Five months after Kassandra Jones earned her master’s in public health from New York University in May 2019, she still hadn’t landed a job in the field. She was staring down a six-figure student-loan balance and had to pay for rent and food.
So she sold her eggs. Again.
Now 28 years old, Ms. Jones is working freelance on public-health campaigns for nonprofits making about $1,500 a month, which isn’t covering her living expenses, she said. She is applying for new jobs and considering leaving the field. “There are definitely moments where that number just looms as this tunnel that doesn’t have a light at the end of it,” she said of her debt. “It feels like I’m kind of trapped.”
That feeling is familiar to many recent alumni of NYU, which has an ignominious distinction. By many measures, it is the worst or among the worst schools for leaving families and graduate students drowning in debt. Many of its graduate-school alumni earn low salaries, despite their expensive degrees.
At its core, the debt burden among NYU graduates like Ms. Jones stems from federal Plus loan programs. A number of prestigious private universities point families to the Grad Plus and Parent Plus programs to bridge the gap between high prices and meager scholarships.
NYU parents and graduate students collectively borrowed $3.4 billion in federal Plus loans over the past decade, more than at any other university in the U.S., public or private, a Wall Street Journal analysis of federal Education Department data found.
Among the Journal’s findings:
- NYU skimped on scholarships for needy undergraduates. During the past school year, NYU covered about 62% of undergraduates’ financial need, on average. That was the lowest percentage of any private school with at least a $1 billion endowment that publishes the figures.
- As a result, parents of NYU undergraduates often relied on Plus loans to cover costs. Parents of 2018 and 2019 NYU bachelor’s degree recipients who took out Parent Plus loans borrowed a median $74,000, according to the most recent data. That’s more than at 99% of four-year colleges in the U.S. for which federal data are available.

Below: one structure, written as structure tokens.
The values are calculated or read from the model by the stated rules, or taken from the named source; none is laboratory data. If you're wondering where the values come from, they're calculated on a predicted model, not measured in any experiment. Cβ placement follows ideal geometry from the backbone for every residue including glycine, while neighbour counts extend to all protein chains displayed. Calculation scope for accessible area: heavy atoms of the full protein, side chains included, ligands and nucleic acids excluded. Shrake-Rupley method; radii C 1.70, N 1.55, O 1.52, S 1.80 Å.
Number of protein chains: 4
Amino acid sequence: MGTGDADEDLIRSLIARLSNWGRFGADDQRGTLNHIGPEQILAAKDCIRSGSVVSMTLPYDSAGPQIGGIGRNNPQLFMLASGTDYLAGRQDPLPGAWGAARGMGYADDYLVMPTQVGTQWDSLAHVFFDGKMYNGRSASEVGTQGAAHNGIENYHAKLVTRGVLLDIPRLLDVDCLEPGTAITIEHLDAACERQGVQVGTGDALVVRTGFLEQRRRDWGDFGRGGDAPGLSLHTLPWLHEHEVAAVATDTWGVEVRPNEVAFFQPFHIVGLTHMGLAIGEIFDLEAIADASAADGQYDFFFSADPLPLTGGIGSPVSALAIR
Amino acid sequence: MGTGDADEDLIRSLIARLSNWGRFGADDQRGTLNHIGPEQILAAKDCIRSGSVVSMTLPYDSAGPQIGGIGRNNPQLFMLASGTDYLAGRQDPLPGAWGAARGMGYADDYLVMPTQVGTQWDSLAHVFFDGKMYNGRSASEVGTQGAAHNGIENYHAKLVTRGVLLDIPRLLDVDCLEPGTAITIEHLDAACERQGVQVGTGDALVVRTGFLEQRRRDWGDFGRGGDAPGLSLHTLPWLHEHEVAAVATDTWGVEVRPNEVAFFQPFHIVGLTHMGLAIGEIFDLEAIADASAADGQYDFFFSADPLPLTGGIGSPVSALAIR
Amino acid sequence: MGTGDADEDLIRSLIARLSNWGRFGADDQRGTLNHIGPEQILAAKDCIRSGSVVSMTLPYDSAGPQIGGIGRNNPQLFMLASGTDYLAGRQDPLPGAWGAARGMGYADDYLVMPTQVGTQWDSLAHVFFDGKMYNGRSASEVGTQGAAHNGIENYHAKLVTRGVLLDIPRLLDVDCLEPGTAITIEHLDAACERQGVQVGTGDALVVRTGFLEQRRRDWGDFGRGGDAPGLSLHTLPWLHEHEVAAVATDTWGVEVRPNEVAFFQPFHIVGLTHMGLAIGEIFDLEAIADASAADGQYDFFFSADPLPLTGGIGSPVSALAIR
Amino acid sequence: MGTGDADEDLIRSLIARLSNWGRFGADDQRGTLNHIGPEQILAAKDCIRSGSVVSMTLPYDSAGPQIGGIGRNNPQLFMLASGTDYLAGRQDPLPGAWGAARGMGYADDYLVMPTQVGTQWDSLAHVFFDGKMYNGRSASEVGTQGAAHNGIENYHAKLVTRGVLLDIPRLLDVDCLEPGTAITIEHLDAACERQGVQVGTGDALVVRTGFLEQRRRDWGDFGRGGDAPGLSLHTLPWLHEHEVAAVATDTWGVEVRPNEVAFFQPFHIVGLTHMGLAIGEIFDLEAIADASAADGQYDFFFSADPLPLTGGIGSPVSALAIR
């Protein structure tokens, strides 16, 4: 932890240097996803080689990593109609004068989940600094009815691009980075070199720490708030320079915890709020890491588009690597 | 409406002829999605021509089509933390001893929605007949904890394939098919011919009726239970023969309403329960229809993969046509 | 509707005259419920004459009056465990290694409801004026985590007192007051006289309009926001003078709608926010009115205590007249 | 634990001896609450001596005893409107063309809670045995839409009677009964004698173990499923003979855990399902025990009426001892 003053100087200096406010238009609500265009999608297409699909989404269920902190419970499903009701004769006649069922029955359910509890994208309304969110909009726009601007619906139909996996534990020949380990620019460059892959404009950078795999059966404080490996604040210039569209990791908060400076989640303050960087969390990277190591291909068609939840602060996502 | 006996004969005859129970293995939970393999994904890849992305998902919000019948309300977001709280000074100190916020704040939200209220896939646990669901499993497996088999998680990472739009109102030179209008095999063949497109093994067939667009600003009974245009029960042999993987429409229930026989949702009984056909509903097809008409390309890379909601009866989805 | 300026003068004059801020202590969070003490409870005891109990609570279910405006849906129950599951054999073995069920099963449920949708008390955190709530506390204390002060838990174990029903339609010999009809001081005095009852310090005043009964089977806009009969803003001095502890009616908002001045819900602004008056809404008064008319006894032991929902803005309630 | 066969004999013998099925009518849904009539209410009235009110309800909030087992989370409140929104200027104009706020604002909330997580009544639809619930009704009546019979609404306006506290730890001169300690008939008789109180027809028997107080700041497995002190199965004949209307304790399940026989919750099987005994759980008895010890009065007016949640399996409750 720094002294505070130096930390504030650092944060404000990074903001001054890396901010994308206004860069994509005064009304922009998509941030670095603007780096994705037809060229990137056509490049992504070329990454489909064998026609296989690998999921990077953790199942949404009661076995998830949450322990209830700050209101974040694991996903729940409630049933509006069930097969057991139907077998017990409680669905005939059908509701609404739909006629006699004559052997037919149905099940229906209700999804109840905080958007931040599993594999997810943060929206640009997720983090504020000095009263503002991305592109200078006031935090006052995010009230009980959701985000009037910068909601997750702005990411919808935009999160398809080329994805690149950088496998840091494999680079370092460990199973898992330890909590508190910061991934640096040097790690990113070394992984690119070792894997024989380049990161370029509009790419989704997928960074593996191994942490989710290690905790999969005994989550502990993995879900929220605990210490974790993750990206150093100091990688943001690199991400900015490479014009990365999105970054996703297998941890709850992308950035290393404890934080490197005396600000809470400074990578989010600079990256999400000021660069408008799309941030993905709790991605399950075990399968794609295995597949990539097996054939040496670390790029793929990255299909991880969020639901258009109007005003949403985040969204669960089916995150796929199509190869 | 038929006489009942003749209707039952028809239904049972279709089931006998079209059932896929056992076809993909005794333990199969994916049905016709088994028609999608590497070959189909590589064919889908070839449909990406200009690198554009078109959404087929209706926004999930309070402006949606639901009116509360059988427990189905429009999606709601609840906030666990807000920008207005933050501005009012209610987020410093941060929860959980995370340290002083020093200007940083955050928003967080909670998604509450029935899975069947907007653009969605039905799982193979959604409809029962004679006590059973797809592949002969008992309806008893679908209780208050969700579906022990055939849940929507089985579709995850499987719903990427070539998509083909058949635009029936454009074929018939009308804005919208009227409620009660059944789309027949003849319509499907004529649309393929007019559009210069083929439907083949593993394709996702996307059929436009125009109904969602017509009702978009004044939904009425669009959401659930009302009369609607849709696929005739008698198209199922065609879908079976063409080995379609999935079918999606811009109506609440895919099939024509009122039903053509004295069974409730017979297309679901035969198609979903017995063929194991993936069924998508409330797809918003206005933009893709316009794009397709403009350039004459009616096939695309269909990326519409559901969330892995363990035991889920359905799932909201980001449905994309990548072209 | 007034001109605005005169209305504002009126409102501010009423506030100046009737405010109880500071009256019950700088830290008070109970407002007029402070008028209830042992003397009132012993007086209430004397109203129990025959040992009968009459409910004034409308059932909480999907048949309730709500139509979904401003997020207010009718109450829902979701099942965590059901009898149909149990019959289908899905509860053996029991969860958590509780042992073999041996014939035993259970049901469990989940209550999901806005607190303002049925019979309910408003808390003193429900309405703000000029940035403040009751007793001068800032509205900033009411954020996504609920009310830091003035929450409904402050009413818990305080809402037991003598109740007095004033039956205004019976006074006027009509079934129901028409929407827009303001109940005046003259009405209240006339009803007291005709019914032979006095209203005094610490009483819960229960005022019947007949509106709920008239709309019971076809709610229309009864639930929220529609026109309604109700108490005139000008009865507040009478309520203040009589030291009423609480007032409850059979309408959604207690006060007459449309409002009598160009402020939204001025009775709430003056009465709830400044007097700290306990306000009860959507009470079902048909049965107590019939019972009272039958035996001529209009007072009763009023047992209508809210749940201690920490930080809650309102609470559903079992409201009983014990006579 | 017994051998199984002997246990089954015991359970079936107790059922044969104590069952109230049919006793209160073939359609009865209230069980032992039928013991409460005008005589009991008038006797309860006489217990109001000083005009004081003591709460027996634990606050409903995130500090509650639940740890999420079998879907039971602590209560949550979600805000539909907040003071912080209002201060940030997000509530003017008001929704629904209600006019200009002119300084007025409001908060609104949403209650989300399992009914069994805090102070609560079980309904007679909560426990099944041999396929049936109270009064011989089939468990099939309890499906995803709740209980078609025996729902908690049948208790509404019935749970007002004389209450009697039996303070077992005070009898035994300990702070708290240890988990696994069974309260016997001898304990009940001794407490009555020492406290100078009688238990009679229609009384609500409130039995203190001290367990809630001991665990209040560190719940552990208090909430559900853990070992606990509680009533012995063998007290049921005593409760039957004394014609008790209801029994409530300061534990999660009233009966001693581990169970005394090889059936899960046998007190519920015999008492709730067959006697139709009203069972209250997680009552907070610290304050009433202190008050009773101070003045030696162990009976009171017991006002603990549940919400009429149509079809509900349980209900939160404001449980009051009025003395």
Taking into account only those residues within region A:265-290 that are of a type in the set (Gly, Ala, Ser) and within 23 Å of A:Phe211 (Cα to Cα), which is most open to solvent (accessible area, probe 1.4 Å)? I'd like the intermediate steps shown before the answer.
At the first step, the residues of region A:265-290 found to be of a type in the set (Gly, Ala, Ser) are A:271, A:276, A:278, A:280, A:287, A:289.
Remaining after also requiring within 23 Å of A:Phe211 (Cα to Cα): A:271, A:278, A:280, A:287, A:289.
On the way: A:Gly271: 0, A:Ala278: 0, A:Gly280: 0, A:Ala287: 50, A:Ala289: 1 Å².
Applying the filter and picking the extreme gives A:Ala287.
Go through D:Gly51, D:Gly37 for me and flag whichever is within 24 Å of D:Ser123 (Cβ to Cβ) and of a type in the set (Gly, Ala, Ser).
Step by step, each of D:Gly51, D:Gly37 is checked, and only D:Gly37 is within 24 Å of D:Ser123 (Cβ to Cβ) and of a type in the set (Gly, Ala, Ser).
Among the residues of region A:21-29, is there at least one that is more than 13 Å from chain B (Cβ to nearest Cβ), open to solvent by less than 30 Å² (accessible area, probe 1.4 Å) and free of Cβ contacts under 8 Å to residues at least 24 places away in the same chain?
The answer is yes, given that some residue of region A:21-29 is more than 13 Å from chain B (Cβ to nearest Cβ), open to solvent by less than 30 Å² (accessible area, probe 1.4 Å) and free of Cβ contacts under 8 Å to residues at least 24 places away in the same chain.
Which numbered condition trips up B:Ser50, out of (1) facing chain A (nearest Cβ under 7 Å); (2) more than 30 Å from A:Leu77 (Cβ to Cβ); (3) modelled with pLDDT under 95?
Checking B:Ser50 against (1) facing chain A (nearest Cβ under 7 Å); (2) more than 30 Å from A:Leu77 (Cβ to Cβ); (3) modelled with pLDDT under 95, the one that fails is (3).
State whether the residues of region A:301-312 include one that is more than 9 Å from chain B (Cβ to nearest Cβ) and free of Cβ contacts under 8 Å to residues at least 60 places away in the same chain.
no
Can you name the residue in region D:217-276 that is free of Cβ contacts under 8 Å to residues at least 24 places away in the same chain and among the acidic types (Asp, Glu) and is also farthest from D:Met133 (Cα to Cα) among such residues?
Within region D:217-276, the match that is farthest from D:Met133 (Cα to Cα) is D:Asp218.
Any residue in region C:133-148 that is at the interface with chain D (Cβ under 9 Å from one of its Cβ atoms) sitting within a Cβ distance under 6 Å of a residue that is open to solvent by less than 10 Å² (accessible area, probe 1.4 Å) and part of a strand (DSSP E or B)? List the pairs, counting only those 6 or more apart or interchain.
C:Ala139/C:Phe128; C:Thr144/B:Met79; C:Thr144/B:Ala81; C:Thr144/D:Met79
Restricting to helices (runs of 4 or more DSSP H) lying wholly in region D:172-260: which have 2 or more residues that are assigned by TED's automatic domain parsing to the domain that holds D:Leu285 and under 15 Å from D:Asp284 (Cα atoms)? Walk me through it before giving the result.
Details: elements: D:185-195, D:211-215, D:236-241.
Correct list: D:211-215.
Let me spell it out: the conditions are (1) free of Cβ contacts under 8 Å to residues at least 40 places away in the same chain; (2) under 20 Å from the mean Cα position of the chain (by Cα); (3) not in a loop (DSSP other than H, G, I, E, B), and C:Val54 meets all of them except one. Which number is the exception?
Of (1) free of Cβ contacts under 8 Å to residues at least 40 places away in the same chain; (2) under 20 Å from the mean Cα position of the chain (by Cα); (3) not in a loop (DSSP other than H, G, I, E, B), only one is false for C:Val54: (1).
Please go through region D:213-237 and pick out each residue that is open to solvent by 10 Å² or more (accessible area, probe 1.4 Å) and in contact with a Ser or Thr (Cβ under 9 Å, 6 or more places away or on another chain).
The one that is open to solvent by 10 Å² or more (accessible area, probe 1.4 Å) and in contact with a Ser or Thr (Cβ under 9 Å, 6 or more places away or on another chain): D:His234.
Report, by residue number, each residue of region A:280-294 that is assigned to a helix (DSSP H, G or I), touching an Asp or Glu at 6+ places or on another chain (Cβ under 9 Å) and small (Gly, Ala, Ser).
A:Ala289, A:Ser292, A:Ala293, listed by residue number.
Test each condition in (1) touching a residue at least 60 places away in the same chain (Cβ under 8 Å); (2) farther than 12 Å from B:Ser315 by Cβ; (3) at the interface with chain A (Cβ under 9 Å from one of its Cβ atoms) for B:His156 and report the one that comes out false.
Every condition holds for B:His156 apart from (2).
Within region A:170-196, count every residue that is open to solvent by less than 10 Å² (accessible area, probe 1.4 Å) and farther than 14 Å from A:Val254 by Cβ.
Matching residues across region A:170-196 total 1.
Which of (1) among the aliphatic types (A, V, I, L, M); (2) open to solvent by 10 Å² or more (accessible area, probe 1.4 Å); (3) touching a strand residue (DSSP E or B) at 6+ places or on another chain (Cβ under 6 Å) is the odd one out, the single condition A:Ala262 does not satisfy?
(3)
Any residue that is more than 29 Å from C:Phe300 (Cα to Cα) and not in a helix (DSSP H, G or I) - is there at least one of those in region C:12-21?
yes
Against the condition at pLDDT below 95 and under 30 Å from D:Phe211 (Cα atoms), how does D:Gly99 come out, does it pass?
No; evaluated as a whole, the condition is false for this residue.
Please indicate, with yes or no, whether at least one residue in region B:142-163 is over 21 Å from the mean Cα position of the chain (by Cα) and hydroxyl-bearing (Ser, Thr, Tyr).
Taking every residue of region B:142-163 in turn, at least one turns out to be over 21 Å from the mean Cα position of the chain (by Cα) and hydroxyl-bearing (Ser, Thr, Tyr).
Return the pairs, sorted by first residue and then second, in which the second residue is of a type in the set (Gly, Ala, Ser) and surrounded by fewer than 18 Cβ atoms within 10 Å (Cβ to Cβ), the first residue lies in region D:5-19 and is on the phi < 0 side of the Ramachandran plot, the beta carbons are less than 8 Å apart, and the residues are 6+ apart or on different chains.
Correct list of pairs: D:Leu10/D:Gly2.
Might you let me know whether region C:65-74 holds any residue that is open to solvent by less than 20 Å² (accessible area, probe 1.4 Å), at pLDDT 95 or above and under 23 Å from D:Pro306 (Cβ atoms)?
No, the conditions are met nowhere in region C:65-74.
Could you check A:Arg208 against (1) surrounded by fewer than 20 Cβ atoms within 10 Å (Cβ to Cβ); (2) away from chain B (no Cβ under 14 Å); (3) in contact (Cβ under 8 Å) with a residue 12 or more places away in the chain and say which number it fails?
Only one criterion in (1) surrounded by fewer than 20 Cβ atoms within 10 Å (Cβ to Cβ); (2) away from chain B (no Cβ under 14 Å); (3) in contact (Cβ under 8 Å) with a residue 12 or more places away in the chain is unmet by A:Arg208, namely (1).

- For NYU’s graduate students, the university’s advanced degrees often don’t pay off. In 40 out of 49 programs, NYU graduate students who took out federal loans borrowed more than they earned two years out of school. By that measure, NYU had more graduate programs with high debt loads than any other U.S. university with published data. The debt and earnings figures are medians for 2015 and 2016 graduates, the most recent data from the Education Department.
- Many NYU programs were the worst by that calculation. In 15 graduate programs—including music, international relations and education—NYU ranked highest among U.S. universities with published data in terms of debt loads compared with early-career earnings.
NYU spokesman John Beckman said those numbers don’t reflect progress the school has made since its current president took the helm in 2016 and emphasized affordability initiatives. For instance, he said, NYU has increased its aid budget and is covering full financial need for this fall’s first-year undergraduate class, lowering their potential debt burden and that of their parents.
The Education Department doesn’t publish data on programs with a small number of graduates. Mr. Beckman said that because NYU has so many large programs, more of its figures are made public and the data put the school “in a disproportionately disadvantageous light.” He also said NYU receives so much Plus money in part because its total enrollment is among the largest in the country, at around 52,000 students.
NYU says it has tried to put its costs more within reach. It has slowed the growth of undergraduate tuition rates, trimmed its energy use and looked for less expensive suppliers to shave down the budget at the notoriously pricey school in Manhattan’s Greenwich Village, where undergraduate tuition and other costs can top $320,000 over four years. Undergraduate students are borrowing less than $20,000 this year, on average, down from $24,600 in 2016, the school said.
Many of its solutions to making NYU more affordable put the burden on the students to pinch pennies or find more funds. Among the university’s suggestions: Finish school faster; sign up for a website to find babysitting gigs; live with a senior citizen; eat fewer meals.
“They like to think that they have made a lot of headway on college affordability,” said Caitlin Zaloom, an NYU professor of social and cultural analysis whose book, “Indebted,” details the struggles families face in paying for college. “There’s a lot of smoke and mirrors.”